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has anyone heard that burning Russian Olive is toxic?

Post in 'The Wood Shed' started by ilmbg, Jul 7, 2009.

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  1. ilmbg

    ilmbg New Member

    Joined:
    Oct 11, 2007
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    Loc:
    Wyoming/Montana border very dry, very cold
    I was told that burning Russian Olive was toxic- I don't remember if I had ever burned any before.
    What is your take on this?

    Thanks.

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  2. BrotherBart

    BrotherBart Hearth.com LLC Mid-Atlantic Division Staff Member

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    Do a search here for "Russian olive". Looks like a lot of people have burned it but I don't remember anybody talking about toxicity.
  3. JoeyD

    JoeyD Minister of Fire

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    South Jersey
    Being a woodworker when I not burning the stuff I have to ask where are you located? That stuff might make some nice turnings. You might look into selling it and using the money to buy some other cr@#p to burn. ;)

    I know I would be interested.
  4. Backwoods Savage

    Backwoods Savage Minister of Fire

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    I hate that stuff and it seems to be cropping up all over the countryside around here.
  5. Wood Duck

    Wood Duck Minister of Fire

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    I haven't heard about anything like this, not that I have done any research on the subject. It seems unlikely to me that Russian Olive produces anything more toxic than any other wood if burned properly (dry wood in a hot stove), since most woods are pretty similar to eachother chemically, I think. All wood smoke is toxic to some degree - I think just the CO2 would be be enough to fit the definition of 'toxic', and particulates certainly are toxic in high quantities, but that shouldn't matter because you shouldn't be breathing the smoke from the wood stove. The smoke goes out the chimney to be diluted by the outside air. Unless there are people breathing a lot of your chimney smoke, I don't think toxicity should be a big concern, and if there are people breathing the stuff, then you should be concerned no matter what wood you're burning. I am not trying to claim there aren't things that produce toxic smoke (such as treated woods, paints, plastics, etc.), just that I don't think a naturally occurring compound in Russian olive is likely to be a problem.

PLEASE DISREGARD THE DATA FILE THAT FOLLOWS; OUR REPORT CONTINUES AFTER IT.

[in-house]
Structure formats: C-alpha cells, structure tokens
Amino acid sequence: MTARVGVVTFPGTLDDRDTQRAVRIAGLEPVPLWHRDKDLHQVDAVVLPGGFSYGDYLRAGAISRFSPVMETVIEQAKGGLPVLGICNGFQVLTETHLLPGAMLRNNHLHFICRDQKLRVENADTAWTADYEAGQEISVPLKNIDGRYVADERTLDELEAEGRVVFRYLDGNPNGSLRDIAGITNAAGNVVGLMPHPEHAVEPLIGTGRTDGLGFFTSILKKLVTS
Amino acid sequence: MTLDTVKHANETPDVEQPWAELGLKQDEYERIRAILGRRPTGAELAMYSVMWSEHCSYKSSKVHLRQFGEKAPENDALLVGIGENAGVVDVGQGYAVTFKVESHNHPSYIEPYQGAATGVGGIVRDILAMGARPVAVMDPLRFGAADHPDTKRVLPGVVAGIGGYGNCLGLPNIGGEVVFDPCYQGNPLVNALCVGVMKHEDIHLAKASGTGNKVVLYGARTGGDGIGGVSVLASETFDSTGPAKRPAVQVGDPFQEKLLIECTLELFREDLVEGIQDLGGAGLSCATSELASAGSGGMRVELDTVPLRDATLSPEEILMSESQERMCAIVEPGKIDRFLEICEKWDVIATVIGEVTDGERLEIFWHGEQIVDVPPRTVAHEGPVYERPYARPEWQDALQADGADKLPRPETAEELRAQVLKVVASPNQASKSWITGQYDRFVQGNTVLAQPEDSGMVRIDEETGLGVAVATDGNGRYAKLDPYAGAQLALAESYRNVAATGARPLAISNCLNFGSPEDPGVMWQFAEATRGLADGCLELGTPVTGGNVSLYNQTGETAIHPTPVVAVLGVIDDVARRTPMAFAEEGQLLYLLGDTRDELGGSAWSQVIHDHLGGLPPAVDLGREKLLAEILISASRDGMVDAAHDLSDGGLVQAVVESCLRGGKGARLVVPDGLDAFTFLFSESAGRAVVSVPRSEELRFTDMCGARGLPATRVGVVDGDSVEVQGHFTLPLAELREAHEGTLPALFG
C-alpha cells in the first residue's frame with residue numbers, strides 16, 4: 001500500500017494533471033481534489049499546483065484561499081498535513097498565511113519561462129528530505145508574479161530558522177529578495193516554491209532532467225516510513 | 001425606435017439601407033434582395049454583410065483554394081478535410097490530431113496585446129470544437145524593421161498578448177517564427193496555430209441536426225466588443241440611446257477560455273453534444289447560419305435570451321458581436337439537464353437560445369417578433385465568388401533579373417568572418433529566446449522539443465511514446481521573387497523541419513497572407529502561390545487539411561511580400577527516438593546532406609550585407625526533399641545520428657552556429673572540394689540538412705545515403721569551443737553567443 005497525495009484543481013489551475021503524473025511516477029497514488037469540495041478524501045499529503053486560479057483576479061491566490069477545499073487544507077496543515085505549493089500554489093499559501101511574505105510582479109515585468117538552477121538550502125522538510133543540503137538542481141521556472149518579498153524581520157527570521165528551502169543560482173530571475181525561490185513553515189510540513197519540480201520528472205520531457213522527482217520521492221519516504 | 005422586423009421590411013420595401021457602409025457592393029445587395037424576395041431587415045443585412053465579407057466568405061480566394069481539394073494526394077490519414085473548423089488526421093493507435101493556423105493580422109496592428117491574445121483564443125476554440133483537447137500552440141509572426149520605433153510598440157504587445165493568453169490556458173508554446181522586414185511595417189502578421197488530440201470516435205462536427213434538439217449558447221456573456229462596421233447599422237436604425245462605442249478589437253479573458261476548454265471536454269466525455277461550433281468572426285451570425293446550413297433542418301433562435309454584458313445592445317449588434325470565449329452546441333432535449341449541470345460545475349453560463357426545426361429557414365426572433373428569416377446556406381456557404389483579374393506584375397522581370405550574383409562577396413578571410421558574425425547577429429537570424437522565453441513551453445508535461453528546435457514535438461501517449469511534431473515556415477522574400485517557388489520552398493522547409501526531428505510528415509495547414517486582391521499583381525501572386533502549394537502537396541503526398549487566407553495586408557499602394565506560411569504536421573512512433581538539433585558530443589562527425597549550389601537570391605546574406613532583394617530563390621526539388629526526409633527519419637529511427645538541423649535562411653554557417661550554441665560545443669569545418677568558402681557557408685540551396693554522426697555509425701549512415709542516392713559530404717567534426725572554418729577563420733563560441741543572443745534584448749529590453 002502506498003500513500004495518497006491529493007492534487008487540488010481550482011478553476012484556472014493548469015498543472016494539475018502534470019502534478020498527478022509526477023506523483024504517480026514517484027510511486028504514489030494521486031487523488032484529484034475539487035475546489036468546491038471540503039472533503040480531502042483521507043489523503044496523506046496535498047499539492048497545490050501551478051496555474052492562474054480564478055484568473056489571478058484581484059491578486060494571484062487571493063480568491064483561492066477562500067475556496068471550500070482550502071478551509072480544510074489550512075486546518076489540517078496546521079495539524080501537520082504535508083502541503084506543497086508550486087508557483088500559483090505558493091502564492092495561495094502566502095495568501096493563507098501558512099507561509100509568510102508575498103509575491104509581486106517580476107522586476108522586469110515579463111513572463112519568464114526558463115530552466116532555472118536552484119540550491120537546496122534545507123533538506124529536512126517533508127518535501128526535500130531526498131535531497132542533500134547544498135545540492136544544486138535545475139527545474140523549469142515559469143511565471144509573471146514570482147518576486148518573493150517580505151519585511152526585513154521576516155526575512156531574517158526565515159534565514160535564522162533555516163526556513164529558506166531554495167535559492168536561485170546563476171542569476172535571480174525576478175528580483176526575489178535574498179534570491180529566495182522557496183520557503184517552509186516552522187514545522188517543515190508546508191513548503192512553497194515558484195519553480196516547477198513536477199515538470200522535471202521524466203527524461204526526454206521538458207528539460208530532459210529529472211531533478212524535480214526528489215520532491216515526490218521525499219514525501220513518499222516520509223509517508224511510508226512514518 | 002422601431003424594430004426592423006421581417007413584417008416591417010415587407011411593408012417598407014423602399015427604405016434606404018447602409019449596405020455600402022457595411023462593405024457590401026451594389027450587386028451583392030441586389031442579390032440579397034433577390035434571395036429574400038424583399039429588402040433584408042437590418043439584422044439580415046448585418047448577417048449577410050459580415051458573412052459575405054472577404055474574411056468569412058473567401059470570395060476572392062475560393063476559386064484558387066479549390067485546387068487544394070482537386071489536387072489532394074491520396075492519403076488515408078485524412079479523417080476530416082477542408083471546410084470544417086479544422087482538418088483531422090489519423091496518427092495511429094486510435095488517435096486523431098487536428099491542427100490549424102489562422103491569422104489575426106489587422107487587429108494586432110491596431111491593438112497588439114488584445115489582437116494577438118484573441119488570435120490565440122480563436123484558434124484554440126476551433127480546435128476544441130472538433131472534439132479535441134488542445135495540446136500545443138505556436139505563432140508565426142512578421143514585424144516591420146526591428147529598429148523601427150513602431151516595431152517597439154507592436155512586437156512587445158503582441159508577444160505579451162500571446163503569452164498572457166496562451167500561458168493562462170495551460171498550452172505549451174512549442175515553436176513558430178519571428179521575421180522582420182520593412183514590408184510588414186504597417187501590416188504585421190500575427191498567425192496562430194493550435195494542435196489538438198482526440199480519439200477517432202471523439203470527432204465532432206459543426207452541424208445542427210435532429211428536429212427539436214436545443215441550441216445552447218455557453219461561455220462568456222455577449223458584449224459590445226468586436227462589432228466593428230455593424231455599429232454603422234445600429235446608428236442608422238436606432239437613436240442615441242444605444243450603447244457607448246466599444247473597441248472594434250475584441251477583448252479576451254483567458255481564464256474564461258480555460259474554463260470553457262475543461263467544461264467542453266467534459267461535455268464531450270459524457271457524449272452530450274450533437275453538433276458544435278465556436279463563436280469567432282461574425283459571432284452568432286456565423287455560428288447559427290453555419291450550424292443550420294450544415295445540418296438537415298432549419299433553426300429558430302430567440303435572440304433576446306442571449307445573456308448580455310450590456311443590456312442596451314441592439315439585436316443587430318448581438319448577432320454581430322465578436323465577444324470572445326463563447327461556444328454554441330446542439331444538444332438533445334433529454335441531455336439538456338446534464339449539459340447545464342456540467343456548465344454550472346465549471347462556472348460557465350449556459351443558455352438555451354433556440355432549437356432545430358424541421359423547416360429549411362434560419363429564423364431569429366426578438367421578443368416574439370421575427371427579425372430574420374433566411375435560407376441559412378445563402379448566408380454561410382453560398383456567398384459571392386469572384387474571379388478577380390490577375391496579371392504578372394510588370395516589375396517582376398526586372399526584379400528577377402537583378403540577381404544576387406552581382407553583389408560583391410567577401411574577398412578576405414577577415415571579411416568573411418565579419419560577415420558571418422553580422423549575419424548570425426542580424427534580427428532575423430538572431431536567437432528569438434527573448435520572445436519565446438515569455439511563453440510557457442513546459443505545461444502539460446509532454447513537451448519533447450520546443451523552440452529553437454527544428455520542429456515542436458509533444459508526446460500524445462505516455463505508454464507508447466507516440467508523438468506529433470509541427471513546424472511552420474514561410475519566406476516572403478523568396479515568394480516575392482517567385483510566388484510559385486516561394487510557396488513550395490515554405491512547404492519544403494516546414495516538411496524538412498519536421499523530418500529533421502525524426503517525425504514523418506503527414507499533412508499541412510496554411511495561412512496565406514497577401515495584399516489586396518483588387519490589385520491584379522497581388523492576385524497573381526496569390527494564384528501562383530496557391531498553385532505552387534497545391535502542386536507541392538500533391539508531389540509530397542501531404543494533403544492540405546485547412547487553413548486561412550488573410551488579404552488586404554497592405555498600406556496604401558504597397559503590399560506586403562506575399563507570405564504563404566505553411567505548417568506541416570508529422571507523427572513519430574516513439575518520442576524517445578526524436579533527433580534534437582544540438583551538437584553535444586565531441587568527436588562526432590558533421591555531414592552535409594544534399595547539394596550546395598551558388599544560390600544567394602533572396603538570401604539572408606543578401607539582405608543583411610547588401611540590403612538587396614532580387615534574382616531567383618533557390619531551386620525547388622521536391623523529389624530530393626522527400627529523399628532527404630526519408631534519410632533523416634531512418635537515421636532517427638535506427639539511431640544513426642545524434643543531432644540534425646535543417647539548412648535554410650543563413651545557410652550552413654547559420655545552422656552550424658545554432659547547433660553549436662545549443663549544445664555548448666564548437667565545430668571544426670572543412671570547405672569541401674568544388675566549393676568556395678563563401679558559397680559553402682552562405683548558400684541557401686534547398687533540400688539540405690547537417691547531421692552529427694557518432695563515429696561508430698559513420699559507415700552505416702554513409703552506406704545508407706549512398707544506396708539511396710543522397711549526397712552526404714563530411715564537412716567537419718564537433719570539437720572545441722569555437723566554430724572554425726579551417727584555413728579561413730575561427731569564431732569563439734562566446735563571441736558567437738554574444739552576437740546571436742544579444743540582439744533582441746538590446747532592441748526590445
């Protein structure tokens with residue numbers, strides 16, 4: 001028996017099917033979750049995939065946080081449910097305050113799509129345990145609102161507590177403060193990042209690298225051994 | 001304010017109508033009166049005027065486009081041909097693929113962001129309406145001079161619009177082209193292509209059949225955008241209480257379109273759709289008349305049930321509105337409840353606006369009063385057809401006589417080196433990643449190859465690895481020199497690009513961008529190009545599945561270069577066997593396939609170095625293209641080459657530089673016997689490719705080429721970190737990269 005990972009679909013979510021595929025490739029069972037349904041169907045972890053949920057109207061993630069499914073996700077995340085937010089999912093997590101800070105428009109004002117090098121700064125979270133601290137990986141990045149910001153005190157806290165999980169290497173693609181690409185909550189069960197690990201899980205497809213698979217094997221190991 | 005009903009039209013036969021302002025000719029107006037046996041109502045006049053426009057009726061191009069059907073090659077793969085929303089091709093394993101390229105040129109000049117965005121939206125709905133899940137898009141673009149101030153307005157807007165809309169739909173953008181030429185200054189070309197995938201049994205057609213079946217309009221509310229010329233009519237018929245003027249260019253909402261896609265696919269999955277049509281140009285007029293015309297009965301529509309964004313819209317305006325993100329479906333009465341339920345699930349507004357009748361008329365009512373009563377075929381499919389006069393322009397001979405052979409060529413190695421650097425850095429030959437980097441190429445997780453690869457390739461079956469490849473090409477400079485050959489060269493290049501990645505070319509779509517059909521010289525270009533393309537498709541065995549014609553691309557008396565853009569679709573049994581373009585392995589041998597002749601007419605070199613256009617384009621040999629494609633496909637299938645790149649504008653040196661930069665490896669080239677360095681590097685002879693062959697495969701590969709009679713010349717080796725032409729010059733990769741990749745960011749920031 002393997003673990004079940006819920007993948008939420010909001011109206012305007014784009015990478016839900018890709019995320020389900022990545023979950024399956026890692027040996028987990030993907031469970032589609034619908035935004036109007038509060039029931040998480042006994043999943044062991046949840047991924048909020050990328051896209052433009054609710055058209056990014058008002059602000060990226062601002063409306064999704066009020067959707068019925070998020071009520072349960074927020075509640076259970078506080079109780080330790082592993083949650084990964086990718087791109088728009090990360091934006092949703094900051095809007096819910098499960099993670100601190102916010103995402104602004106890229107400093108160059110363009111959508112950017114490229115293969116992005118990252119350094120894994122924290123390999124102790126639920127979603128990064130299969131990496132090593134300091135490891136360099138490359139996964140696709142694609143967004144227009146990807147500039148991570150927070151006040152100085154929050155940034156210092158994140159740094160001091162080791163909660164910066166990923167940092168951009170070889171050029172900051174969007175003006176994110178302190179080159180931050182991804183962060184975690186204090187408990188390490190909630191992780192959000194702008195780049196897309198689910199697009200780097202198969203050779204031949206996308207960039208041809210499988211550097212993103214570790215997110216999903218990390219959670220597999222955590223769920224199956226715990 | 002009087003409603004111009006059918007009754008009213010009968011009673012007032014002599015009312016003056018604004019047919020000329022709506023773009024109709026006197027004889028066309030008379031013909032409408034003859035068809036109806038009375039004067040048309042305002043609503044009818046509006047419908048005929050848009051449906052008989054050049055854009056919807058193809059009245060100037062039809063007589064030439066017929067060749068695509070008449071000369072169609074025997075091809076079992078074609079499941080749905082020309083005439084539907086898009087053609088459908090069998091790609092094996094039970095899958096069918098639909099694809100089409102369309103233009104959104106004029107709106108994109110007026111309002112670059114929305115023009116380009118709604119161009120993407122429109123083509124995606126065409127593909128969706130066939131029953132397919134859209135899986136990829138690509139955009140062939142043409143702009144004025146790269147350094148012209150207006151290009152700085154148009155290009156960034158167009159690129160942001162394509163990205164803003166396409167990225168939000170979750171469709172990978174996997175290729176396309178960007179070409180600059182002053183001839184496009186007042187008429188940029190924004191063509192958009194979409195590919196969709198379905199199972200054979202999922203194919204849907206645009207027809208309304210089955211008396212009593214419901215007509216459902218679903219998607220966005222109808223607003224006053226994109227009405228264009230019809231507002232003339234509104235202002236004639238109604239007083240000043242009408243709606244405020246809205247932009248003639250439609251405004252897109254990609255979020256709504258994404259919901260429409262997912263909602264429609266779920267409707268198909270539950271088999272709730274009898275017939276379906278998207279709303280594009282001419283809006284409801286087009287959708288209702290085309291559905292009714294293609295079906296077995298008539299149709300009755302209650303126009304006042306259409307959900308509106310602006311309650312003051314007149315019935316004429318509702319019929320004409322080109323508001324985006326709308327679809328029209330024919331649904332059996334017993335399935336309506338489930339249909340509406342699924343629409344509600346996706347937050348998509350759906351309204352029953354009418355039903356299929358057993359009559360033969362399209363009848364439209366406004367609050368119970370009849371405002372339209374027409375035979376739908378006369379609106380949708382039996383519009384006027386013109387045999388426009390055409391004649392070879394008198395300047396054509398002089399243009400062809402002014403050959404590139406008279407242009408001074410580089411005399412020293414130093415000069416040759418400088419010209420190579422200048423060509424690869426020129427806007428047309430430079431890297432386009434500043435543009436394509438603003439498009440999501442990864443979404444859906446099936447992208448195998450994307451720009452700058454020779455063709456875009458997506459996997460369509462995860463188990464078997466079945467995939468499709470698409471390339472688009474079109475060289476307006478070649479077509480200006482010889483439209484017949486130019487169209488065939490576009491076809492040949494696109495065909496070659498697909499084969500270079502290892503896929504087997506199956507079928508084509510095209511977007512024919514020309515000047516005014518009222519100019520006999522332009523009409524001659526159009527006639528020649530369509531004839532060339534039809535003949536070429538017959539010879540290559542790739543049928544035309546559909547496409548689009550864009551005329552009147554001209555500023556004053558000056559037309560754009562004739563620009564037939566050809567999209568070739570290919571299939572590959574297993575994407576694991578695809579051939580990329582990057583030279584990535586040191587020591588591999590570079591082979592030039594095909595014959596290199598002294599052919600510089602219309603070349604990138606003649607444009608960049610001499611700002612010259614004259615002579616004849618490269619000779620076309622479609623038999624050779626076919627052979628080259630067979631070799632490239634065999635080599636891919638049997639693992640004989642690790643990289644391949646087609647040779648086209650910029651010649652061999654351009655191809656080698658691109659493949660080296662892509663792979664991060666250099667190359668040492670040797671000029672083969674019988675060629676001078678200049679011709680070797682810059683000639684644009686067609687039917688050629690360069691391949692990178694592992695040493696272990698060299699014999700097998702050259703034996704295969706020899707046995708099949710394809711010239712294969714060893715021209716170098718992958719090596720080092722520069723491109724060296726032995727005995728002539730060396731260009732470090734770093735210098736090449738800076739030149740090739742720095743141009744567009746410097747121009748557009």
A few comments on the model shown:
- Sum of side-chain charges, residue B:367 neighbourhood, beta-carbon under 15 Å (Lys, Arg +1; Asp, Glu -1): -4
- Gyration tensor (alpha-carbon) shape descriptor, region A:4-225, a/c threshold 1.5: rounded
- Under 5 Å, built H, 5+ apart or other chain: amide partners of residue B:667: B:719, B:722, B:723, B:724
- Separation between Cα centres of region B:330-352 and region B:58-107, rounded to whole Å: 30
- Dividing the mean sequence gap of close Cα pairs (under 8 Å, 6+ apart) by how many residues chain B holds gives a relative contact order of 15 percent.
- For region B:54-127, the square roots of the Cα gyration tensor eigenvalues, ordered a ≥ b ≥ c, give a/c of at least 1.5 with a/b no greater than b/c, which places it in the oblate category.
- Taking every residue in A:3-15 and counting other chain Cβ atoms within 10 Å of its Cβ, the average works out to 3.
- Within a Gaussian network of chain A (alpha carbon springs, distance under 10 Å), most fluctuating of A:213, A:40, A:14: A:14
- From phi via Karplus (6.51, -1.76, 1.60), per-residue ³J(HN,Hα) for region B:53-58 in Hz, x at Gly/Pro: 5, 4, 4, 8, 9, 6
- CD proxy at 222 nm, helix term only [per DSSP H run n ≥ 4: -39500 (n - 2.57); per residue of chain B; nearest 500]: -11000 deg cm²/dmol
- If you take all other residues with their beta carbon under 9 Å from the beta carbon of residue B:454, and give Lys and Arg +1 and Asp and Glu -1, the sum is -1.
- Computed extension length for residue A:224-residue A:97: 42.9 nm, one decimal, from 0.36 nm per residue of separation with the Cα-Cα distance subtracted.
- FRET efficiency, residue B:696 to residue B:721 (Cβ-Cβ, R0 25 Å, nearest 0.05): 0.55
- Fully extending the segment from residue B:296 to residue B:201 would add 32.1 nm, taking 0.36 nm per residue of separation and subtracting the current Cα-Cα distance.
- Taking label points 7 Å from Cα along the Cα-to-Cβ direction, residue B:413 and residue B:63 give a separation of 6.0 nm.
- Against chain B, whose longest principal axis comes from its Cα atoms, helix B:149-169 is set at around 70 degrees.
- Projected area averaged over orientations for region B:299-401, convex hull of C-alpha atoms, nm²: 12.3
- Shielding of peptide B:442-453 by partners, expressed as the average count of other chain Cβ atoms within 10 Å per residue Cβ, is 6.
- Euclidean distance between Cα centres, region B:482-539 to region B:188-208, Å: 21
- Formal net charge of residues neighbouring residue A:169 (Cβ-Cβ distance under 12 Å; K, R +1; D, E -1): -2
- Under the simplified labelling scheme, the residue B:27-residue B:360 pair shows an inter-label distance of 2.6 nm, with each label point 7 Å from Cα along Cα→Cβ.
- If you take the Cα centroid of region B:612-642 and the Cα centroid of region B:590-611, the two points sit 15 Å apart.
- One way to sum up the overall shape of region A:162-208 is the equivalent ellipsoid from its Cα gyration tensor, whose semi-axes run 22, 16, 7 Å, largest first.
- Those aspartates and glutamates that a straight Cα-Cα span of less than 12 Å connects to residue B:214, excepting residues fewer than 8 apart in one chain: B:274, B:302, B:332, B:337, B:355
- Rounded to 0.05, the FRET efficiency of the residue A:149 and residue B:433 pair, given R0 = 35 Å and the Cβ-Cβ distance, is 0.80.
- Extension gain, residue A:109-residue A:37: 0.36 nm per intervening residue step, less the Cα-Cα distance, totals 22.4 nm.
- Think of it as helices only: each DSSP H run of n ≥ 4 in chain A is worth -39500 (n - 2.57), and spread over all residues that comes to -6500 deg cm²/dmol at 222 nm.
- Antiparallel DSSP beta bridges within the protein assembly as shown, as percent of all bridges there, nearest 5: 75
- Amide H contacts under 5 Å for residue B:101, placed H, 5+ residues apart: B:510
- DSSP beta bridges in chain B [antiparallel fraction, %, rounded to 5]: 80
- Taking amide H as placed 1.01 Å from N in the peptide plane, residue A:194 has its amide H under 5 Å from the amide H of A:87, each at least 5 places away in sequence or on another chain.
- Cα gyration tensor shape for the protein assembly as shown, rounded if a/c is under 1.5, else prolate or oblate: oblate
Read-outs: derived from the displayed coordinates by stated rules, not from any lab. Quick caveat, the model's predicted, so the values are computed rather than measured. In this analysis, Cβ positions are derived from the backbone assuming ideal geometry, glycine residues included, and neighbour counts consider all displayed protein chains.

I do have a small amount of Russian Olive in my wood stacks and it seems really dense. I expect it to make good firewood, but it is a pain to collect. Russian Olive bushes are branchy with few straight stems. I would love to cut them all down just to get rid of them, but I doubt I'll get much firewood out of them because it just isn't a very productive way to increase my supply. They do make nice brush piles. Too bad they aren't easier to harvest; they grow back so quickly from the stumps that they could be the perfect renewable firewood supply.
  6. billb3

    billb3 Minister of Fire

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    What length and diameter is 'turnable' ?

    People keep asking me for cherry ( an artist frien took some rounds for carving) but never come and get it.
    I'll carry an armload of nice smelling splits in and these same people are flabergasted that I cut it up for firewood.
    I can't keep 8 foot logs on the ground forever. :)
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